During my research for any feedback from other pet owners who were dealing with staphylococcus pseudintermedius (S. intermedius), the bacteria Abby tested positive for, or using Chloramphenicol, I ran across the recommendation for this book, https://amzn.to/2ZUo5zv on herbal antibiotics for treatment of drug-resistant bacteria that came highly recommended by other pet owners.

Unfortunately, I found and purchased the book too late to help Abby and Lacey, but I feel much better knowing I have it in my arsenal for any future need.  Keep in mind that the book was written for humans, so you’d want to make sure whatever treatment is recommended is safe for your dog or cat.

I also want to mention another interesting healing module I found that really intrigued me.  It’s called gemmotherapy and uses embryonic tissues from plants to heal and detoxify.  Here are a couple of articles you can read to learn more about it and the various ailments one vet has used gemmotherapies on and how he administers them:

Undoing the antibiotic damage

Of course, the aftermath of giving antibiotics is the destruction it does to the good gut bacteria, which is needed for a healthy immune system.  While I have found pumpkin and slippery elm to be the best, most shelf-stable and economical treatments for getting rid of diarrhea of any kind, including antibiotic-induced diarrhea, they don’t replenish the good gut bacteria.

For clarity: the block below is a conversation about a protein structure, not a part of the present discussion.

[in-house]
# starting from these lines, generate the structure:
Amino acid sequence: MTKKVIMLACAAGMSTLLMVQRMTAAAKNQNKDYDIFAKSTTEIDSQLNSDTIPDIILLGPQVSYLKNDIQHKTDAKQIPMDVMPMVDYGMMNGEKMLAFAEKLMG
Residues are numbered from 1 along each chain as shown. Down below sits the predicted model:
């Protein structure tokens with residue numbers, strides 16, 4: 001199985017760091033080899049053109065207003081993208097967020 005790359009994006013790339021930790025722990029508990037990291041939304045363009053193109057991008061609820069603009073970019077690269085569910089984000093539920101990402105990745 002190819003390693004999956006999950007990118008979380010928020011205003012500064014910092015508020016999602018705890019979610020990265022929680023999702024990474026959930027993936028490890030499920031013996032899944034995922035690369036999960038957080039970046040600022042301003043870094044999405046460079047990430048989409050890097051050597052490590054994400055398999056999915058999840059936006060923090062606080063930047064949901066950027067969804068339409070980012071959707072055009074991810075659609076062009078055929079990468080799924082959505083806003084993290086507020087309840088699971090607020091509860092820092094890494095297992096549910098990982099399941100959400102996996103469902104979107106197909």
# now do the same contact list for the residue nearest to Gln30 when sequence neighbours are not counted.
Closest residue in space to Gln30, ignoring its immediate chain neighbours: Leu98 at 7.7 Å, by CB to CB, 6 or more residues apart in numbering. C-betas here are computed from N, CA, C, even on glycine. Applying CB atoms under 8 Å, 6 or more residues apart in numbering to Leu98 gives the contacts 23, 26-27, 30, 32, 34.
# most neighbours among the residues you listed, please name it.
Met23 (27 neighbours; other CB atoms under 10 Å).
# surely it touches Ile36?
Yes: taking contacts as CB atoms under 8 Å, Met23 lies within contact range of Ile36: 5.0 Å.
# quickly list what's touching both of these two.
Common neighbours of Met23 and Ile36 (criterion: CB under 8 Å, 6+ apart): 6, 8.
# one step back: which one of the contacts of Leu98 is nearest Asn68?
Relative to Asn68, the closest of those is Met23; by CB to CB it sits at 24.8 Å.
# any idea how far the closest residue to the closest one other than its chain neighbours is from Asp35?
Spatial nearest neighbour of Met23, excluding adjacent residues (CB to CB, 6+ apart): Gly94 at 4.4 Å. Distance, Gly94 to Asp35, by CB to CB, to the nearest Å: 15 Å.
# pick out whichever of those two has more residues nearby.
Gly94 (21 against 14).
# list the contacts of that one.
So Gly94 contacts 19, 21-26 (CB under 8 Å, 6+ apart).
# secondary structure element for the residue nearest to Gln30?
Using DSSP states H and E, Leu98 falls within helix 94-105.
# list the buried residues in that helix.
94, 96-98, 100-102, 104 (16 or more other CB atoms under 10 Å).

While I didn’t find any probiotic that really stood out for my dogs, after researching and trying a few different brands, this is the probiotic many people rave about in the groups I’m in and that I’m currently giving Abby and Lacey, https://amzn.to/34unaoA.  In the future, now armed with my newfound knowledge and book, I hope not to have to travel this expensive, antibiotic-induced nightmare path again.




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4 thoughts on “Why I recommend small prescription amounts

  1. Oh. My. You deserve to be PAID by that vet for giving her exceptionally valuable information.
    Shame on that vet! As with all types of doctors, they are supposed to be keeping up-to-date with their acquiring of knowledge.